by German Lopez
Medicaid expansion challenged, jails go uninspected, local senator's energy bill criticized
Republican legislators filed a lawsuit against Ohio’s two-year, federally funded Medicaid expansion
after Republican Gov. John Kasich went through the Controlling Board,
an obscure seven-member legislative panel, instead of the
Republican-controlled Ohio House and Senate to get approval for the
expansion. The lawsuit, filed to the Ohio Supreme Court, claims, “Each
representative is disenfranchised in his legislative capacity through
the Controlling Board’s exercise of legislative authority.” Kasich put his request to the Controlling Board
to bypass the legislature after months of unsuccessfully wrangling
legislators in his own party to approve the expansion. The Health Policy
Institute of Ohio previously found
the expansion would insure between 300,000 and 400,000 Ohioans through
fiscal year 2015; if legislators approve the expansion beyond that, the
institute says it would generate $1.8 billion for Ohio and insure nearly
half a million Ohioans over the next decade.
Meanwhile, some state senators plan to use the savings from the Medicaid expansion to cut taxes. For Ohioans making up to $50,000 a year, the 4-percent income tax cut would mean annual savings of less than $50.
State officials haven’t inspected southwest Ohio jails for five years,
which means the jails could be breaking minimum standards set by the
state without anyone knowing. The inspections were supposed to occur each
year, but a lack of resources, which left only one inspector in the
department, forced the Ohio Department of Rehabilitation and Correction
(ODRC) to stop the practice and instead ask jails to inspect themselves —
with limited checks on jails fabricating claims. The inspections are
starting back up now that ODRC has a second jail inspector on its staff,
but the inspections are announced beforehand, meaning jails can plan
for them, and the punishment for failing to meet standards is
State Sen. Bill Seitz, a Cincinnati Republican, says he will introduce two amendments
to walk back controversial provisions of an even more controversial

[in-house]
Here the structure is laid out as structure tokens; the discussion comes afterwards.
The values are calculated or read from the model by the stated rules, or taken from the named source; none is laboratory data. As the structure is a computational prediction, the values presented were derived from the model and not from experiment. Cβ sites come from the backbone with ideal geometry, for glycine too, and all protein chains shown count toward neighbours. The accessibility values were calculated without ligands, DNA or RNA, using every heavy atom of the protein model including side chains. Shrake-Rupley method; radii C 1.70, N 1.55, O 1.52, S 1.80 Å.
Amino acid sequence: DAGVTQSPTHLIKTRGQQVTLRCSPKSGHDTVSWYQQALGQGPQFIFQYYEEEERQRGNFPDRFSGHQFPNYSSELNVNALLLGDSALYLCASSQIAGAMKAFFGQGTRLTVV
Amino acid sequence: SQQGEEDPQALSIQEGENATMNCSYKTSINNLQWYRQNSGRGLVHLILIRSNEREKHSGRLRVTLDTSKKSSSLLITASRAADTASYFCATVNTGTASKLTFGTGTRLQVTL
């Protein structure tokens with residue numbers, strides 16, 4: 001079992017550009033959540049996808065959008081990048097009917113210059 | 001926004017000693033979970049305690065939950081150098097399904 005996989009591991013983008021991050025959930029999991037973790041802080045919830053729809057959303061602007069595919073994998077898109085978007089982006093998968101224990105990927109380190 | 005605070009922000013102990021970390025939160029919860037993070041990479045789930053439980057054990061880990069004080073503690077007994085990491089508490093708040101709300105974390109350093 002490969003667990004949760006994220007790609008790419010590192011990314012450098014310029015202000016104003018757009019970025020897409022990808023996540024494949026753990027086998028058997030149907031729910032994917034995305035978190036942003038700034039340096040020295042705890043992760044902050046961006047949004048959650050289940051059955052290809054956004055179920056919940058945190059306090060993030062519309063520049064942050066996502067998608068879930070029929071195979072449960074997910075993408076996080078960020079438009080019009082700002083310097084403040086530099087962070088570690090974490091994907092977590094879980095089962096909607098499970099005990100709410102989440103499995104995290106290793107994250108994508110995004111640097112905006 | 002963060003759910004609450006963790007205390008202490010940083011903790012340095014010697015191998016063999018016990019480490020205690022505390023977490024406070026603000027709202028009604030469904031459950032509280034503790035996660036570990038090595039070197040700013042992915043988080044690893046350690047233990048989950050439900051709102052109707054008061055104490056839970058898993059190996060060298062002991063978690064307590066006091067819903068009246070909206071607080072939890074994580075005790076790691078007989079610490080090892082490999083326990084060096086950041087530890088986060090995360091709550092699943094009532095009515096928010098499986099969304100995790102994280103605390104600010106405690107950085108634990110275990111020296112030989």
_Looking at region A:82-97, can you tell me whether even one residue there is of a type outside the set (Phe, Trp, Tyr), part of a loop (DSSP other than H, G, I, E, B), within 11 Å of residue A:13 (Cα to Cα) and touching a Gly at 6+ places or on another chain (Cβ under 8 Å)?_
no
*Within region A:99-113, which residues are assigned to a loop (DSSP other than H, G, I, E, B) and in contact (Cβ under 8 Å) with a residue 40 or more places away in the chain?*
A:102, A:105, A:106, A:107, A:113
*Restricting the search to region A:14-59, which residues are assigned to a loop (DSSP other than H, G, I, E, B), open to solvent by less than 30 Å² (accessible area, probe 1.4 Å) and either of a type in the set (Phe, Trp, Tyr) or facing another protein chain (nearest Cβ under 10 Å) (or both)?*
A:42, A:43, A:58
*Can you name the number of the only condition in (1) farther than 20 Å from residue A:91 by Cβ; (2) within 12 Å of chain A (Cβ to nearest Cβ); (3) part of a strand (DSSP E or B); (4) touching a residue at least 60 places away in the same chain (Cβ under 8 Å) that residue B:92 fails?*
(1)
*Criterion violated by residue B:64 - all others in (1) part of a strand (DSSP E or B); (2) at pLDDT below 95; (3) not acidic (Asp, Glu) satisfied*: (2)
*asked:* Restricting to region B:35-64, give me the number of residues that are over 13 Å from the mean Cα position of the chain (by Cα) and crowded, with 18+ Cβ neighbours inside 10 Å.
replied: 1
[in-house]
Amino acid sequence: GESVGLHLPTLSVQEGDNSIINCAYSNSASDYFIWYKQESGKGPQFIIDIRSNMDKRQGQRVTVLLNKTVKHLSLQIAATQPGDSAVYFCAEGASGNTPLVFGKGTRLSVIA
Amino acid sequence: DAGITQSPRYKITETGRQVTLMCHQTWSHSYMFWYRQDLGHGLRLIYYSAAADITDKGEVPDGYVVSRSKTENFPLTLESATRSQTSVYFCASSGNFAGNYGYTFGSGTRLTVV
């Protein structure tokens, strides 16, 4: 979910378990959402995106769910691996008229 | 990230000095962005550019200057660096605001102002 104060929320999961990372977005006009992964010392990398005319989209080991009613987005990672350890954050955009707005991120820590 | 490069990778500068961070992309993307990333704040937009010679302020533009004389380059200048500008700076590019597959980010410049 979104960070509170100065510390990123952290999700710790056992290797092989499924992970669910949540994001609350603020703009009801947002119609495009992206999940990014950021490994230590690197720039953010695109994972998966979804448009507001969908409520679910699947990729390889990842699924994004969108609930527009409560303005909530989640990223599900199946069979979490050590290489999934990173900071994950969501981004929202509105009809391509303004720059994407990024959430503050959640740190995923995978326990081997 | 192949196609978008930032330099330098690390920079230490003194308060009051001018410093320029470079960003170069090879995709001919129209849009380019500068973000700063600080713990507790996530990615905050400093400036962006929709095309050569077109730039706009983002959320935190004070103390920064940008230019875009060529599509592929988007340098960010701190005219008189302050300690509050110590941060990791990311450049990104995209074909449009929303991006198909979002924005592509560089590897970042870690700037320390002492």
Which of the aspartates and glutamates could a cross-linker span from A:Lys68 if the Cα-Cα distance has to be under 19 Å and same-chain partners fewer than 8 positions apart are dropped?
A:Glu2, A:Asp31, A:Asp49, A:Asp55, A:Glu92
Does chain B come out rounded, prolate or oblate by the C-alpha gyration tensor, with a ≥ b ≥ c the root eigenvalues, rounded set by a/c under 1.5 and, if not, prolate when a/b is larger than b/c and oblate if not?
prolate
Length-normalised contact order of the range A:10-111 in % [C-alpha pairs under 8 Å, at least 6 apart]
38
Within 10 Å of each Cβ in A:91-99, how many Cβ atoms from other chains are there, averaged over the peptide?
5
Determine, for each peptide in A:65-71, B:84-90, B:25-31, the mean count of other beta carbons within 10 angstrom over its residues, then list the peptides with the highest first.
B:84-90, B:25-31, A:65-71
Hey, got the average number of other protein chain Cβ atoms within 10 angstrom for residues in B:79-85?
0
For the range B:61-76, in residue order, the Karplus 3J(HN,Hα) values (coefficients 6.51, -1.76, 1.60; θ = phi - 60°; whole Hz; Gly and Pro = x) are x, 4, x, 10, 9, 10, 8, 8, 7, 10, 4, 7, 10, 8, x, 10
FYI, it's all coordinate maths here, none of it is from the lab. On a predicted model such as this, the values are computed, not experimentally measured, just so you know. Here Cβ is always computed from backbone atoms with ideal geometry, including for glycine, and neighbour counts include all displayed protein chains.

bill that weakens Ohio’s renewable energy and efficiency standards.
Critics say the bill would water down and effectively eliminate Ohio’s
cost-saving energy standards, but Seitz, who has ties to a national conservative group that opposes energy standards,
argues the rules impose too many costs on utility companies. A previous
study from Ohio State University and Ohio Advanced Energy Economy found
repealing the standards would increase Ohioans’ electricity bills by
$3.65 billion over the next 12 years. CityBeat covered Seitz’s proposal and the controversy surrounding it in further detail here.
City Solicitor John Curp and Ohio Ethics Commission Executive Director Paul Nick said in an Oct. 22 email exchange
that it was ethically OK for Vice Mayor Roxanne Qualls to retain her
job as a realtor and vote in support of the streetcar project, even
though the project could indirectly benefit Qualls by increasing
property values — and therefore her compensation as a realtor — along
the route. The exchange was provided to CityBeat and various
media outlets after mayoral candidate John Cranley criticized Qualls,
who is also running for mayor, for the alleged ethical violation at an
Oct. 22 press conference. But Curp and Nick, who cited two previous
opinions from the Ohio Ethics Commission, agreed that Qualls’ financial
connection to property values was too indirect and speculative because
she only picks up a flat fee for the “arms-length transactions between
private parties.” Curp also noted that Qualls had asked about the
potential ethical conflict two times before.
A state prison in Toledo is no longer accepting new inmates
after reports of increasing violence. The goal is to cut down on the
amount of prisoners sharing a cell, ODRC spokeswoman JoEllen Smith told
The Associated Press. Smith said the change was already in the works
before a recent bout of killings. The facility holds roughly 1,300 prisoners, which